While housebound during Boston's recent record snowfall, I revisited a biography by Henry Mayer on the life of abolitionist and social reformer, William Lloyd Garrison of Boston.
The book's title, "All on Fire," comes from a characteristically sharp-tongued response Garrison gave to a friend who asked him to moderate his tone. "I have need to be all on fire," Garrison replied, "for I have mountains of ice about me to melt."
Ah, yes, mountains of ice. I've seen them on the side of nearly every road in town. With February's temperatures here likely to hover around freezing, I suspect these sky-high piles will be around for a while.
Even with a fleet of snowplows at their disposal, progress is slow for city workers who run into rock-hard resistance and can do only so much to plow through the mess. They wouldn't mind a heat wave right about now.
The "ice" Garrison needed to melt required years and years of fire.
Some might think his crusade was fired up by what he was so fiercely against. He was an impassioned abolitionist, to be sure. A sense of moral outrage ran throughout his skillfully written speeches and personal letters and the weekly newspaper he published and edited for over 30 years, called "The Liberator." "I do not wish to think, or speak, or write, with moderation. No!" Garrison wrote in its first editorial.
But there was more to the man's indomitable spirit than moral outrage. Look closely as well at his steadfast resolve and self-sacrifice. His outpouring of time, energy, and money, and his willingness to risk his personal safety in order to end oppression came from his deep desire for the freedom and equality that would take its place. It was the love of something unquestionably right and good that stoked the fire of Garrison's emancipation work and kept the revolution going.
That fire still burns.
The deeply felt longing for universal freedom is igniting a new phase of emancipation work for this generation - freedom from what Mary Baker Eddy, the author of "Science and Health with Key to the Scriptures," called mental slavery.
A frame of mind that believes reality consists only of what is seen through human eyes, microscopes, and telescopes, is chained to a sense of existence as strictly material, with all its accompanying anxieties, restrictions, pains, and ailments.
Heeding a cry to liberate humanity from this unhealthy and godless assumption about life, Mrs. Eddy called the world to a radical reform movement - her spiritual discovery of Christian Science - which she had already seen heal the sick and give people a fresh start in life. "Citizens of the world," she wrote, "accept the 'glorious liberty of the children of God,' and be free! This is your divine right. The illusion of material sense, not divine law, has bound you, entangled your free limbs, crippled your capacities, enfeebled your body, and defaced the tablet of your being" (page 227).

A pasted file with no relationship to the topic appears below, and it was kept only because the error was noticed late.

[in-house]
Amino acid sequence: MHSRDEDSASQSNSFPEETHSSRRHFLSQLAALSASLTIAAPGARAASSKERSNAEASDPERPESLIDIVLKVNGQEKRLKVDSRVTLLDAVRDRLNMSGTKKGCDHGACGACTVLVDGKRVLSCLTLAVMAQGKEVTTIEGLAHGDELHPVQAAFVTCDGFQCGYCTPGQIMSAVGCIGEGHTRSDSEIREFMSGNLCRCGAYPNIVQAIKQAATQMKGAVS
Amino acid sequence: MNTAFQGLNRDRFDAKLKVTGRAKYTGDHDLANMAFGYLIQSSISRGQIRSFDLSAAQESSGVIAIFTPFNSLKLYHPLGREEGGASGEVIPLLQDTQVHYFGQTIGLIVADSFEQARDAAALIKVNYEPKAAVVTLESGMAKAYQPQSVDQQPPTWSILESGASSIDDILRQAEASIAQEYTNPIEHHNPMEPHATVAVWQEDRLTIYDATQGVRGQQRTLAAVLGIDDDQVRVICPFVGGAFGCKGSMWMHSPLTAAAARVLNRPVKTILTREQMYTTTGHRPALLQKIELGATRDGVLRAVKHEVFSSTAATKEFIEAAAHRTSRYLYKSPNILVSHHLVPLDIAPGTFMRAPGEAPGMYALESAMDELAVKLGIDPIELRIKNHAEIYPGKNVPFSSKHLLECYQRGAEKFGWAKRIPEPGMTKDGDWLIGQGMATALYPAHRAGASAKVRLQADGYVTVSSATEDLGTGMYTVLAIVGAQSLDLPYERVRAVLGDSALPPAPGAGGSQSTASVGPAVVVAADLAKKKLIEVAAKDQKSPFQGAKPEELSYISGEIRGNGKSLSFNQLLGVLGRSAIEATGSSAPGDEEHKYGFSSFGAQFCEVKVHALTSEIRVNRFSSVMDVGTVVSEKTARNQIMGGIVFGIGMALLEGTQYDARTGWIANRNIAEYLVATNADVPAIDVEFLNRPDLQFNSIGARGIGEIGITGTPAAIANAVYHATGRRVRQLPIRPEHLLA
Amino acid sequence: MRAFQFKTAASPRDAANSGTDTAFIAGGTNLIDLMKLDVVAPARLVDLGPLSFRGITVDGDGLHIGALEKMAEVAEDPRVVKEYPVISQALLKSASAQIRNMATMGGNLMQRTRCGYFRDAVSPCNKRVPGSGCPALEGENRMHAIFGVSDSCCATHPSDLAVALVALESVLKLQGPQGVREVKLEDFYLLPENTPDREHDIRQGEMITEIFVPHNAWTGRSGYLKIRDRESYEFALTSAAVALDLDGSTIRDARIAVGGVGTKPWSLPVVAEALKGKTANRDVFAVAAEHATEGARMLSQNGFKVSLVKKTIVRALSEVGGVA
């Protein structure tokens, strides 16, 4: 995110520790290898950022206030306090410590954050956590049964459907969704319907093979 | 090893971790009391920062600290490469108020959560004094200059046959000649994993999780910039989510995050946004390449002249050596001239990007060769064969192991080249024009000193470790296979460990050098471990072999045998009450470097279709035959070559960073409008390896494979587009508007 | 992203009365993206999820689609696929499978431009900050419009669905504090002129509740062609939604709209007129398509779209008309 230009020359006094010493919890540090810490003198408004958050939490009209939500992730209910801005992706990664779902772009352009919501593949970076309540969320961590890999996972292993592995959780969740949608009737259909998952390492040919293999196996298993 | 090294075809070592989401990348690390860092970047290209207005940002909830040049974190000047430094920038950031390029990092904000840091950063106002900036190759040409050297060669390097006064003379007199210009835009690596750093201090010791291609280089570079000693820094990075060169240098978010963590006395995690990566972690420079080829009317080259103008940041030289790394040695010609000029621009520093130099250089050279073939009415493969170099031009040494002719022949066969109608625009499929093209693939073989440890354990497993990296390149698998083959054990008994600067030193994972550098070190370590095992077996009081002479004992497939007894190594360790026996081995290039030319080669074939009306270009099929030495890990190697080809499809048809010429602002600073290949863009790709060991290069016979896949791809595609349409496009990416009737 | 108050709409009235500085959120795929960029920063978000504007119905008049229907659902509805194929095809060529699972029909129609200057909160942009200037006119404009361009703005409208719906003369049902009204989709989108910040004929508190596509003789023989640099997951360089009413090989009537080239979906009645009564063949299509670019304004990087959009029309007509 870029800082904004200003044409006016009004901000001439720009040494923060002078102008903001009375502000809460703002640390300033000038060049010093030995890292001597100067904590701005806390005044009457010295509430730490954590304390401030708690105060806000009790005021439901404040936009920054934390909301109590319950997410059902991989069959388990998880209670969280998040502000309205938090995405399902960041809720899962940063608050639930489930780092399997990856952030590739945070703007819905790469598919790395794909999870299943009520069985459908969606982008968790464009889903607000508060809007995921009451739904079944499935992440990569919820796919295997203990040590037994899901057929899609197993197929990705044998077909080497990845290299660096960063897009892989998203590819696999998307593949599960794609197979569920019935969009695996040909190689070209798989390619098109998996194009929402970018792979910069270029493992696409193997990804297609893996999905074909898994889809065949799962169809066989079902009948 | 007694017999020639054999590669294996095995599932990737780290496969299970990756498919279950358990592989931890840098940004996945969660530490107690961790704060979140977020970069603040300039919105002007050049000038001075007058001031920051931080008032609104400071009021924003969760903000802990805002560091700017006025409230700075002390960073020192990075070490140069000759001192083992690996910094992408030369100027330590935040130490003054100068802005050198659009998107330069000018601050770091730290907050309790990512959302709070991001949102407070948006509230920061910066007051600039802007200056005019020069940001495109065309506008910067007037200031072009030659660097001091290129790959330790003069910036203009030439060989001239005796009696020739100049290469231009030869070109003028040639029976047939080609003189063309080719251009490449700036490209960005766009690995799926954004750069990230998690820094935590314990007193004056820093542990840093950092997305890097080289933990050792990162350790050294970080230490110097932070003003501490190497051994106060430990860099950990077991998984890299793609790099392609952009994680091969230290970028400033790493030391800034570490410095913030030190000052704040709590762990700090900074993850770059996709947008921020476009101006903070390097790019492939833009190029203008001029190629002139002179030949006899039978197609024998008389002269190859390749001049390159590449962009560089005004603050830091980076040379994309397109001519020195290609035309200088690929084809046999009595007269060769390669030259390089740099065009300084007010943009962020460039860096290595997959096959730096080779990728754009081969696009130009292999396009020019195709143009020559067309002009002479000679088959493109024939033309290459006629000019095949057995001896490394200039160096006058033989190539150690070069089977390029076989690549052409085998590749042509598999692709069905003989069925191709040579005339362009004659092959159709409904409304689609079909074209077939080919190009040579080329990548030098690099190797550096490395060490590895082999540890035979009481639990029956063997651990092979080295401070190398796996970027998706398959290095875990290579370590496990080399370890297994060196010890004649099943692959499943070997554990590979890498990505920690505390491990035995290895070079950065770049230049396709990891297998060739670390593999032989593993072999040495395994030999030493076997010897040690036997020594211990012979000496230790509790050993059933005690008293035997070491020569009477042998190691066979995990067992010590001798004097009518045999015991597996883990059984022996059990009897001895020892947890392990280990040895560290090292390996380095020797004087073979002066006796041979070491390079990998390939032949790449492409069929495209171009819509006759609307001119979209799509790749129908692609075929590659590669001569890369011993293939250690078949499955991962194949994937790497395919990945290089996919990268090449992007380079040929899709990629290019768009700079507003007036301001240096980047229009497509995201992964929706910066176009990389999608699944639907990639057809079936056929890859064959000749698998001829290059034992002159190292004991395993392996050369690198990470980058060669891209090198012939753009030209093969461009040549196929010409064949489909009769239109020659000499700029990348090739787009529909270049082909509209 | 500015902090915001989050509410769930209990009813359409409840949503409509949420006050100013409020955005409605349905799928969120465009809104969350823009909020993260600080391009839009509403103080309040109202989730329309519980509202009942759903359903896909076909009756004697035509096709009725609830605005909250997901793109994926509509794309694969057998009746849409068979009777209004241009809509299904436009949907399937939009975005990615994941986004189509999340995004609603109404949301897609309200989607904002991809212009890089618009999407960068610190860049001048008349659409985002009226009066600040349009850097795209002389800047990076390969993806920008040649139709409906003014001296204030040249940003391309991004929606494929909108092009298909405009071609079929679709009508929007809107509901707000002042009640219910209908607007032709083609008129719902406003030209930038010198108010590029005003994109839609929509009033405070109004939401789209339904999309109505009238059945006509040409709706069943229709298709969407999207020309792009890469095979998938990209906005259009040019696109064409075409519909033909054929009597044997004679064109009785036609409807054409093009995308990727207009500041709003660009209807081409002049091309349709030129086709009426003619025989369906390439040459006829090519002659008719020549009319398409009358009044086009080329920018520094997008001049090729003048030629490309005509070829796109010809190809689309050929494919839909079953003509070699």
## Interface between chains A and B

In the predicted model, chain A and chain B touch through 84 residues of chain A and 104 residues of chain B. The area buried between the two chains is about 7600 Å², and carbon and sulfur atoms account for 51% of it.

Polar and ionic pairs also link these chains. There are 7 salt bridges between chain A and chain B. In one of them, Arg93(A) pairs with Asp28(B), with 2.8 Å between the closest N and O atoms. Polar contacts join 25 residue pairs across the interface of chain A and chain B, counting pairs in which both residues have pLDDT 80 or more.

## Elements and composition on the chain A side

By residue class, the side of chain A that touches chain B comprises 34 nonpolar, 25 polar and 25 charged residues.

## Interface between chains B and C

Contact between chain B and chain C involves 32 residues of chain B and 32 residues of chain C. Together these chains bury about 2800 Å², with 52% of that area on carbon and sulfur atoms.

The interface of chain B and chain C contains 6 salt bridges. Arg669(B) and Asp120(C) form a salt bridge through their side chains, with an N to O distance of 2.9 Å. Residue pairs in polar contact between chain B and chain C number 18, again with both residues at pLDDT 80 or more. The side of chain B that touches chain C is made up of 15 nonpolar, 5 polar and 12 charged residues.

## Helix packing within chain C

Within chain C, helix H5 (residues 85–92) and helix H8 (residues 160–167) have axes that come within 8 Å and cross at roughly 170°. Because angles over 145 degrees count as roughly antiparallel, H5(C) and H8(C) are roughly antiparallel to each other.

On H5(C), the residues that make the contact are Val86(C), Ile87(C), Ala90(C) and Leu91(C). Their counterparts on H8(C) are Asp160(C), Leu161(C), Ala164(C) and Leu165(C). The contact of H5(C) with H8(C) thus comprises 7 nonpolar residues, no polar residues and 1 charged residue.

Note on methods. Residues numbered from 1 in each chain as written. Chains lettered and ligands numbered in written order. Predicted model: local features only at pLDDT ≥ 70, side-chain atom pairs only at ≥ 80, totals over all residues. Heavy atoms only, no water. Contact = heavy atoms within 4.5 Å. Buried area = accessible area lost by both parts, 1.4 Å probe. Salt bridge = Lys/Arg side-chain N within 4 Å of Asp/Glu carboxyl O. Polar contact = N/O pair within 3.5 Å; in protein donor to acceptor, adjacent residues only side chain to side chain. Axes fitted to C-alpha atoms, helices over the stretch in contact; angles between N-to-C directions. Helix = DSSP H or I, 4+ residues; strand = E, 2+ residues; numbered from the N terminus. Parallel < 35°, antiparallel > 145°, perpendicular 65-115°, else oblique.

The message was loud and clear: Christian Science brings a light that enables us all to see things the way they really are, piercing the sense-based illusion that our bodies control us and that therefore sickness and decline are a sad and inescapable fact of life.
Over time the number of accounts of physical healing has grown as people see what it truly means to be made by God, in the likeness of Spirit, rather than as a failing material being. These healings are stories of self-sacrifice, spiritual-mindedness, conviction, perseverance, confidence, love - the stuff of freedom-fighters. Collectively, they add up to an emancipation movement that the world has been waiting for - loosening the grip of mental slavery.
As I finished reading my book, I noticed a couple of drops of water fall from icicles outside my window. I wasn't expecting that. Melting happens silently, in slow motion, and in many places not in my direct line of sight. What a pleasant surprise.
The scenery that appeared to be frozen isn't anymore.
Where the Spirit of the Lord is, there is liberty.
II Corinthians 3:17